Wednesday's Times carried the story that demand for places at independent schools is at its highest in five years, despite above inflation rises in fees and the worsening economic situation. Yesterday's Times reported that thousands of children are set to miss out on their first choice state primary school this year – in some places as many as a quarter of students are to be disappointed. These two pieces of news are not unrelated.
Parents care about where their child goes to school, and want the best for them. In increasing numbers, they are realizing that the state system cannot deliver this and are turning to the private sector instead. Of course, that's fine for families who can afford to pay an average £11,000 a year in fees, but it does leave the less advantaged in a bit of a pickle. They probably cant afford to move into the catchment area of a good state school or pay to go private. They will be stuck with the school they are allocated to by their local authority, regardless of how bad it is.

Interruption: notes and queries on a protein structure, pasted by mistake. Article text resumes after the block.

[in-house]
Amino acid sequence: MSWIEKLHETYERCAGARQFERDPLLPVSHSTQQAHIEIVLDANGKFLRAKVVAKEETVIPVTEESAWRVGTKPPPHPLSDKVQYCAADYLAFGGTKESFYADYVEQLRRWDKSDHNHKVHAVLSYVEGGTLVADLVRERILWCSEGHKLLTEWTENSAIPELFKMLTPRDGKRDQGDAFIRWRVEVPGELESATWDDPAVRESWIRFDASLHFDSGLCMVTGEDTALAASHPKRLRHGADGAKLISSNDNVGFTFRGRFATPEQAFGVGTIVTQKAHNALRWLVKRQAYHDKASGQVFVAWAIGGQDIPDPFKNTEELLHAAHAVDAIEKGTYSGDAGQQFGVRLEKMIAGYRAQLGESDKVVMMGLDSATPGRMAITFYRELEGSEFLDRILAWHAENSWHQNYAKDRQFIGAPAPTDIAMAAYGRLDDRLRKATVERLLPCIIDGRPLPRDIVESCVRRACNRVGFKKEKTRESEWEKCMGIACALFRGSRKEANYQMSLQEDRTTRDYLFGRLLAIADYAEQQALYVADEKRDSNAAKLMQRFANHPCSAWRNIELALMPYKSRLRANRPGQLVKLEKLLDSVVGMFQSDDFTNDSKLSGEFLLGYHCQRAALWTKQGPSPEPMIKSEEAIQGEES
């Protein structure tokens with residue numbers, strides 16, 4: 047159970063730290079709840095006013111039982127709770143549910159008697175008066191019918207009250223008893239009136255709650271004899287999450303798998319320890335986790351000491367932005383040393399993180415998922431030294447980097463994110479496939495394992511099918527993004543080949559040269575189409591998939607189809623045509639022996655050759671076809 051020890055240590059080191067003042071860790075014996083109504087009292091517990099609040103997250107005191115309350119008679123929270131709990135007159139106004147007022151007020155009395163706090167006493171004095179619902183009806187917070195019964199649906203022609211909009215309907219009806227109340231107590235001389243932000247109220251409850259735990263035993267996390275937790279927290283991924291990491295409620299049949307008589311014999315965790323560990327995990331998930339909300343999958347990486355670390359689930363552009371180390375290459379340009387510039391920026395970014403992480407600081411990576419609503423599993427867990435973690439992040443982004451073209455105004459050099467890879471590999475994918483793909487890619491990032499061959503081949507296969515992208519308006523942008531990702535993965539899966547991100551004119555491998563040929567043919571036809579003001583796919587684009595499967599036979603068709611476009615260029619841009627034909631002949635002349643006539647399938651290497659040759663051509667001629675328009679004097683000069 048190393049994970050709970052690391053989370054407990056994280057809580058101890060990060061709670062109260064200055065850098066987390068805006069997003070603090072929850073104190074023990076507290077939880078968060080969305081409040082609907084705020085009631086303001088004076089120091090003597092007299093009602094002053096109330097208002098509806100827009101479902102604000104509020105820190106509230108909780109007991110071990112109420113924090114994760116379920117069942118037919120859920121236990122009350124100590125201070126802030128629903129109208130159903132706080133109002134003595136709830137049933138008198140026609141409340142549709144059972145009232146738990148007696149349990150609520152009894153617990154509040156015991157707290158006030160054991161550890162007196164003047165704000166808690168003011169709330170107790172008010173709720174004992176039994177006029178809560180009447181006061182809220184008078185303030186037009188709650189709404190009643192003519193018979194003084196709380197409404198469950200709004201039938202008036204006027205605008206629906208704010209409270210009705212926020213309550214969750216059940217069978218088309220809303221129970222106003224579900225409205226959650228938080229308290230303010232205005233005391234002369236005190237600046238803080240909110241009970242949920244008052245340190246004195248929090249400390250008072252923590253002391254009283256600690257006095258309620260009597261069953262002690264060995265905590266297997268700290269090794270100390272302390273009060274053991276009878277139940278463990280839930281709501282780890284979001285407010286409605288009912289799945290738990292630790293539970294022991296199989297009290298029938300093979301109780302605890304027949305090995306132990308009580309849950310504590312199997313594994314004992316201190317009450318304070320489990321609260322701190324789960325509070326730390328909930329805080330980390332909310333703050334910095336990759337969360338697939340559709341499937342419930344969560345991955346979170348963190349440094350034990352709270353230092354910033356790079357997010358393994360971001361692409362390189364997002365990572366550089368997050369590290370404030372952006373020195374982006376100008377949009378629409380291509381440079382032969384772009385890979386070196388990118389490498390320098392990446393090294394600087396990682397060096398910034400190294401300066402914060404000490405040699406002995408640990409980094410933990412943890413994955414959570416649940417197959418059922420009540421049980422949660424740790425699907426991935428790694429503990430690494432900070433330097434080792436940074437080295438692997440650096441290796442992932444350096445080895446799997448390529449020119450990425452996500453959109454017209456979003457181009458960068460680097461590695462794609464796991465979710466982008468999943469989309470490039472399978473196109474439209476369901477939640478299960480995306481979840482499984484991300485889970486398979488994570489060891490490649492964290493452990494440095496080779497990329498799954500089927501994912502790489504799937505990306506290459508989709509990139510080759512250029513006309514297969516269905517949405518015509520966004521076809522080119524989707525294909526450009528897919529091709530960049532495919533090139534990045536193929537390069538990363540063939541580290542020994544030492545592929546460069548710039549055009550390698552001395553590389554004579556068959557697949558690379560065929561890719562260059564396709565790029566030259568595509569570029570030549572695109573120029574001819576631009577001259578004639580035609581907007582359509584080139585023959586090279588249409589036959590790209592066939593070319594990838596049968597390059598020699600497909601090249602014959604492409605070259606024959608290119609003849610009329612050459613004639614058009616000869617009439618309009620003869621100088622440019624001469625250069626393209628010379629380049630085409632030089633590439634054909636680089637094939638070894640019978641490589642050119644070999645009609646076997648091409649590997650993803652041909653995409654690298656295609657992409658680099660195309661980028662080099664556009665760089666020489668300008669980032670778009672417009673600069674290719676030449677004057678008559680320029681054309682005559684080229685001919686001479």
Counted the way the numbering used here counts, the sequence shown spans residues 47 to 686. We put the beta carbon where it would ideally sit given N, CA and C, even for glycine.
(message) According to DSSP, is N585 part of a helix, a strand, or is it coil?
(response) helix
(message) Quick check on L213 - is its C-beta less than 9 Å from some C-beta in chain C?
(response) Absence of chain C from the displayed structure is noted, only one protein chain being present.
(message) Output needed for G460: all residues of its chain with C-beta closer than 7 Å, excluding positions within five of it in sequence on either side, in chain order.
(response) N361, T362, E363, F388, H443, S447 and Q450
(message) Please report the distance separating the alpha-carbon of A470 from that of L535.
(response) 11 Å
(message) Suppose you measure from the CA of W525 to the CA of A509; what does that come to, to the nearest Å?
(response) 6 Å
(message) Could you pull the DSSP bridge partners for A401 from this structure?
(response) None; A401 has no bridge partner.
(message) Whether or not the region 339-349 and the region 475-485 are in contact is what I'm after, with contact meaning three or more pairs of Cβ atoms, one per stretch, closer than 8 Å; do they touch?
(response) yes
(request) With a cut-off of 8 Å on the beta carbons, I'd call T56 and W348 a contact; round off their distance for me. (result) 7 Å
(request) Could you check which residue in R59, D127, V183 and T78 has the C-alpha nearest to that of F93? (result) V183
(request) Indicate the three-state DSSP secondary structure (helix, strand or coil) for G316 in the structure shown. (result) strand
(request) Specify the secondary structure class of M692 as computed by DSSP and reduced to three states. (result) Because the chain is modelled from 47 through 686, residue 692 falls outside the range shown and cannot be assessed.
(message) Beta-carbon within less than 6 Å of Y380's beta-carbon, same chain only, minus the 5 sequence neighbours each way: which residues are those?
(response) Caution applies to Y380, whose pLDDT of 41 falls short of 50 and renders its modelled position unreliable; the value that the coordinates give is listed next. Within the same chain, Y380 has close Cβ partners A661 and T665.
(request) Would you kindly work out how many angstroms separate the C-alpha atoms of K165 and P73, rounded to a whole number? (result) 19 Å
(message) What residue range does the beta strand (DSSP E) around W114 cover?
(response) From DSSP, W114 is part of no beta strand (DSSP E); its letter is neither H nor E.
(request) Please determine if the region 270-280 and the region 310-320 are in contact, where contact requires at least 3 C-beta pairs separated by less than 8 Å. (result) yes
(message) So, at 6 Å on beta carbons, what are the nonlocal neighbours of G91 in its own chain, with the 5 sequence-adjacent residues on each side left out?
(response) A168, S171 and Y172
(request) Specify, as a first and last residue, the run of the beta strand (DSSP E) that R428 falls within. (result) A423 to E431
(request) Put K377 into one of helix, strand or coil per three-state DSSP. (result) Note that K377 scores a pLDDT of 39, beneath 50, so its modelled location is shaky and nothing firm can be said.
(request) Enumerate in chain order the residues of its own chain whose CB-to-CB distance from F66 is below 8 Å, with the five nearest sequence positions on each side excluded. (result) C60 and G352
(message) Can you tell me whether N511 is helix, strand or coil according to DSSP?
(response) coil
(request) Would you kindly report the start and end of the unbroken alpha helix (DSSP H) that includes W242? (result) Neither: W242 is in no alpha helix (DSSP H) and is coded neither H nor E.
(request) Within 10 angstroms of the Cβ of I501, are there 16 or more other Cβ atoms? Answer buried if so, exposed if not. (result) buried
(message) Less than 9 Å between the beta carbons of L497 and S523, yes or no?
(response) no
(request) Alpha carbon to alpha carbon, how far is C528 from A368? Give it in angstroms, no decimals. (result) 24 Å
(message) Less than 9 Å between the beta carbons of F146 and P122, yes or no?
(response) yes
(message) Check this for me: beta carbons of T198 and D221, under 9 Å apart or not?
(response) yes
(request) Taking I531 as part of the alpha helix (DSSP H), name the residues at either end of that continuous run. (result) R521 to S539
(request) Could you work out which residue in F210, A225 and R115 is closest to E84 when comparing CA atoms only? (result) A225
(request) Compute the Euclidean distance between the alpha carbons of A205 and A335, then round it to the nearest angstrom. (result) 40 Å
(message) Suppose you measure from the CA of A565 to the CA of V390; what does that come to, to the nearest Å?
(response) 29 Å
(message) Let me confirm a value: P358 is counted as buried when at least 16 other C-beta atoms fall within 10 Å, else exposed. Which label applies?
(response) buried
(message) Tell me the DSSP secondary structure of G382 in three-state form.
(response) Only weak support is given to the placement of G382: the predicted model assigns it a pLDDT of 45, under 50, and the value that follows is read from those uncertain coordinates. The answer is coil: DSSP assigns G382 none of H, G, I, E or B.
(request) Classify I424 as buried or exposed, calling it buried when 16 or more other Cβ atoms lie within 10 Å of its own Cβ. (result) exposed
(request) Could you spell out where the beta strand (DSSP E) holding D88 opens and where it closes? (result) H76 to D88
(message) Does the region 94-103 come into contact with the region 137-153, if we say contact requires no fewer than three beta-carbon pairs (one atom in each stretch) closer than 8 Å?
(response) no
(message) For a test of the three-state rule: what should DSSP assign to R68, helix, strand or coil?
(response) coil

It doesn't have to be like this. First of all, there are things you can do to improve standards in existing schools. Give them the freedom from regulation and targets that they need to innovate and tailor teaching to the pupils in front of them. Put headteachers back in charge of discipline and expulsions and let them deal with staff pay, using incentives if they want to. Then make them accountable to parents, not bureaucrats.
And that means giving parents a real and effective choice over where to send their children. As in Sweden, the independent sector needs to be encouraged to open more schools, which would be eligible for state-funding on a per-capita basis. As in Denmark, groups of parents should be able to group together, demand their share of state funding, and set up their own schools. The real key here is to create many more good school places, so that the competitive pressures of parent choice can truly be effective.